1.The Defendants herein moved the court vide the notice of preliminary objection dated the April 19, 2022seeking for the dismissal of the Plaintiff’s case on the following five (5) grounds;a)“The application and entire suit offend the provisions of section 238 and 239 of the Companies Act, 2015.b)There is no suit properly filed before court for determination.c)The Plaintiff lacks the Locus Standi to commence and pursue the suit and the entire Plaintiff’s pleadings are fatally defective.d)This court is precluded from exercising its inherent powers conferred by Sections 1A, and 3A of the Civil Procedure Act and it cannot override the mandatory terms stipulated in the Companies Act.e)The suit is bad in law and an abuse of the court process and ought to be struck out in the first instance with costs”.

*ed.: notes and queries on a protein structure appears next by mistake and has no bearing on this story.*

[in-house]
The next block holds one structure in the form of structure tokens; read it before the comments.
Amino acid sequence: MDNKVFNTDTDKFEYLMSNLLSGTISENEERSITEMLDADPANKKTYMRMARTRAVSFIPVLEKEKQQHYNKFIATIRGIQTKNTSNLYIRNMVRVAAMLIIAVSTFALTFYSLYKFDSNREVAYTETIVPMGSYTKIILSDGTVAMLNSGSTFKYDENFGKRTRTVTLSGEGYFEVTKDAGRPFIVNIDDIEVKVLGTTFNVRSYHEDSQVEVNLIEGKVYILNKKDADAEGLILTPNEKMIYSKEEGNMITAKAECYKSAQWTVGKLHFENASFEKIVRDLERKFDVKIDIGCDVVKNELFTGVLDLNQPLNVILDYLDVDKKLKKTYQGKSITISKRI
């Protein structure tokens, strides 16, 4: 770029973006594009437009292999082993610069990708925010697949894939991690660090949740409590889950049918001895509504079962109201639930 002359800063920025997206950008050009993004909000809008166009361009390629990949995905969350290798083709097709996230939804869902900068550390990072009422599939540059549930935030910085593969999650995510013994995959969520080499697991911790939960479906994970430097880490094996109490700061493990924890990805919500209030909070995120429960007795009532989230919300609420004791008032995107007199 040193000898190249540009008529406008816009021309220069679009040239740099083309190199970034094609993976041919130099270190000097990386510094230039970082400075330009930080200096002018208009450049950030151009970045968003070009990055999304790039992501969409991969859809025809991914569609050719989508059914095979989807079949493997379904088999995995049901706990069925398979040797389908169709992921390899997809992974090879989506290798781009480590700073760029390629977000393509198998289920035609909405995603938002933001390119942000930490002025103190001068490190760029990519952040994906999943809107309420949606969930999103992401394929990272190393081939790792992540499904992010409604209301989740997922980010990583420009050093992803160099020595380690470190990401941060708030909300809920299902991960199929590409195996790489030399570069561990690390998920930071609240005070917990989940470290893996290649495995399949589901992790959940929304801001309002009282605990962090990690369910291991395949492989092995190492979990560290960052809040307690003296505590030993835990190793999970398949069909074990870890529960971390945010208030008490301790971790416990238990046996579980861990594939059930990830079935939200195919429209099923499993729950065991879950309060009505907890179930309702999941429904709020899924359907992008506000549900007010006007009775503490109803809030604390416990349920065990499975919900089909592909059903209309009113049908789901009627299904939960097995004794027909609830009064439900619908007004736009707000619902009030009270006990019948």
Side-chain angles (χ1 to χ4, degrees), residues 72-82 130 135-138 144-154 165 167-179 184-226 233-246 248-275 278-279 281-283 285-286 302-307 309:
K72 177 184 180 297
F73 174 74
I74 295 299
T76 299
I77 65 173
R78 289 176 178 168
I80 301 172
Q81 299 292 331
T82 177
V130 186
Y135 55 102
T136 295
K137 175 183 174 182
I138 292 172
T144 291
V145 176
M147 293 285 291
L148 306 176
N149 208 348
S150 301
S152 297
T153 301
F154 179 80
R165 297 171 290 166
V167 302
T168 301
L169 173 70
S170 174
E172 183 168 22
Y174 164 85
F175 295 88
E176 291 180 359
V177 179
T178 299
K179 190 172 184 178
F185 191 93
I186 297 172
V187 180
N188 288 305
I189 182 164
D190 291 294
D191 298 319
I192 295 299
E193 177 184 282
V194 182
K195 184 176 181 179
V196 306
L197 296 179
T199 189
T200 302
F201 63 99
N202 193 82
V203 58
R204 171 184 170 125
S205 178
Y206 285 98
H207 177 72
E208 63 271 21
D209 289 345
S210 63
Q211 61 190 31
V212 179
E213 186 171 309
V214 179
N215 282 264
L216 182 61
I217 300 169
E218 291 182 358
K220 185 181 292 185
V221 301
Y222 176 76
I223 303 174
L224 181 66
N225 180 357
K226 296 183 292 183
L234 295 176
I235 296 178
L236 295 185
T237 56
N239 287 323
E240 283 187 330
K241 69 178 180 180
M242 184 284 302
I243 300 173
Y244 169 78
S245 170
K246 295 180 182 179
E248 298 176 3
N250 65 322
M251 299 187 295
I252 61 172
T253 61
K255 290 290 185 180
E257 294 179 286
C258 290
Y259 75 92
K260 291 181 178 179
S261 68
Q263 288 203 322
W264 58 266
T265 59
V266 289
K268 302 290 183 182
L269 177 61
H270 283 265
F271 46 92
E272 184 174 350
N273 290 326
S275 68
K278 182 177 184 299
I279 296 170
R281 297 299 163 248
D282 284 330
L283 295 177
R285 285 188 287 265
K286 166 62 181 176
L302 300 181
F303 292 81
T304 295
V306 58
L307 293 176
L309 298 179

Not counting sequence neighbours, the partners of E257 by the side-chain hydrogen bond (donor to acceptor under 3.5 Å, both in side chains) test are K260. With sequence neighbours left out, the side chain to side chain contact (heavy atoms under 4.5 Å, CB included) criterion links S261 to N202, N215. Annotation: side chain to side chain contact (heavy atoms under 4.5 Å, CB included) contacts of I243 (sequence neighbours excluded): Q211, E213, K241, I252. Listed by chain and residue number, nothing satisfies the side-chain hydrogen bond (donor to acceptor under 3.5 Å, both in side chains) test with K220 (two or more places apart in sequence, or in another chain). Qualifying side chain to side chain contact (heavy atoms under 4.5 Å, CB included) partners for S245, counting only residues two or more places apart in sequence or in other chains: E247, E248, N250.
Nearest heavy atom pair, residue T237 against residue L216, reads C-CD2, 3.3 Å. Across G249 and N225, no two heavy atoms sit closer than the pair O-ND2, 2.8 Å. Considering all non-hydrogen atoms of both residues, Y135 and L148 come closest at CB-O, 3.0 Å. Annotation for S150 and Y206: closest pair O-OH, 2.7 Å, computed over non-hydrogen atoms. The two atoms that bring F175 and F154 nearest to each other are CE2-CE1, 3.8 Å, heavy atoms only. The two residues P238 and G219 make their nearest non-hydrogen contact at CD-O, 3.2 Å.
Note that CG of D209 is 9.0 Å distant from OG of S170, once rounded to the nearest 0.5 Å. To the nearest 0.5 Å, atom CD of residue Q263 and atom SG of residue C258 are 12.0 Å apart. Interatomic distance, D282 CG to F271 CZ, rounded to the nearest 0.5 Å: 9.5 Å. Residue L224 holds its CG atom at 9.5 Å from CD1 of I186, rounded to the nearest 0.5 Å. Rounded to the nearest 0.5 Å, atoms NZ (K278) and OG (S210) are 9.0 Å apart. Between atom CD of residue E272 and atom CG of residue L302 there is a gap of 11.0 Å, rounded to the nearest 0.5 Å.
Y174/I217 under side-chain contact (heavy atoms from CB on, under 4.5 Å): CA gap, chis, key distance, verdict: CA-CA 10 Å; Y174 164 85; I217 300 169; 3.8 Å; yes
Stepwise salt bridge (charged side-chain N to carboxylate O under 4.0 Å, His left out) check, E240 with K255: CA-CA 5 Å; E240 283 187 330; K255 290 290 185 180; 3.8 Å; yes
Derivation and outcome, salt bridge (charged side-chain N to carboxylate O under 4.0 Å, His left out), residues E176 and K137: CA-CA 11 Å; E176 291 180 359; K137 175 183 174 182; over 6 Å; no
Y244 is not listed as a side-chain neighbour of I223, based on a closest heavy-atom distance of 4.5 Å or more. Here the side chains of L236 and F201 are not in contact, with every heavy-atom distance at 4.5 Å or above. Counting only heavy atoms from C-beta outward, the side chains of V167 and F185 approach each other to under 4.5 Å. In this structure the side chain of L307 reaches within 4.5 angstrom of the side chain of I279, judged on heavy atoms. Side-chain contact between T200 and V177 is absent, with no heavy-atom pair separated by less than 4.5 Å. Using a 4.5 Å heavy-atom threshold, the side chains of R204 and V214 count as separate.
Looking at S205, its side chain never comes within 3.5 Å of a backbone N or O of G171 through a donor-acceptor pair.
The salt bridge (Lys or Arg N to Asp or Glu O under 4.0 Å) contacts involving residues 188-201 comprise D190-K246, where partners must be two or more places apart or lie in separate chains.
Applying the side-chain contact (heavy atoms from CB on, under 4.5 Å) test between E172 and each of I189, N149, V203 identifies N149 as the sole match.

2.Through the directions issued on the April 21, 2022the parties were directed to file their written submissions to canvass the preliminary objection. The learned counsel for the Defendants and Plaintiff filed their submissions dated the April 26, 2022 and May 31, 2022respectively, summarized as follows:a)The Defendants narrowed down their preliminary objection into two limbs of arguments along which they submitted on. That is first, whether the Plaintiff has Locus standi to institute and maintain the suit, and secondly, whether the Preliminary objection raised is sustainable. While admitting that the Plaintiff is a member/director of Elgeyo Boarder Investment Limited, the Defendants submitted that he lacked the locus to institute and maintain this suit, in view of Sections 238 and 239, as read together with Sections 144 and 241 of the Companies Act. It was their case therefore that the Act governing the business affairs of corporate entities is one that imposes a requirement of a party to seek leave for him/her to commence legal proceedings on behalf of the company. To the extent that the same had not been sought by the Plaintiff, then he lacked locus to institute the suit herein. The Defendants further submitted that the Plaintiff, as a member of the said company, has not taken any internal remedial measures to address his problems, and in any case the pleadings reflect a person in pursuit of his own self-interest and not those of the company, hence this suit should be struck out as this court cannot come to the Plaintiff’s aid under its inherent jurisdictional powers conferred by the Civil Procedure Act. The Defendants further cited the decision in the case of Ghelani Metal Ltd & 3 Others vs Elesh Ghelani Natwarlal & Another  eKLR, and submitted that the absence of leave, or application for leave to continue the suit as a derivative suit, was fatal to the suit and it should be dismissed. On whether the preliminary objection is sustainable, the defendants cited the cases of Mukisa Biscuits Manufacturing Co. Ltd vs West End Distributors Ltd (1969) EA 696 and Quick Enterprise Ltd vs Kenya Railways Corporation, Kisumu HCC No. 22 of 1999, and submitted that the preliminary objection raised herein is purely on points of law which is meritorious under the circumstances, and therefore the Plaintiff suit should accordingly be dismissed and struck out with costs in its entirely.b)The Plaintiff submitted that the issue of whether or not this suit is a derivative action does not arise in this matter, as the plaintiff is neither a minority shareholder nor is he merely a member of the company. That in any case, evidence would need to be called to ascertain the above, which would mean the preliminary objection fails in view of the threshold set in the case of Mukisa Biscuits Manufacturing Co. Ltd Vs West End Distributors Ltd (1969) EA 696. That the suit does not fall within the purview of a derivative action as per Sections 238 and 239 of the Companies Act 2015, and that the amendment to the plaint seeking leave to proceed with the claim as a derivative was solely with a view of putting all materials facts before this court. He cited the case of Eversweet Bakery Limited vs National Land Commission and 11 Others, ELC Petition No. 4 of 2019, Edwards and another vs Halliwell and Others (1956) and Foss vs Harbottle (1843) (2 hare 461).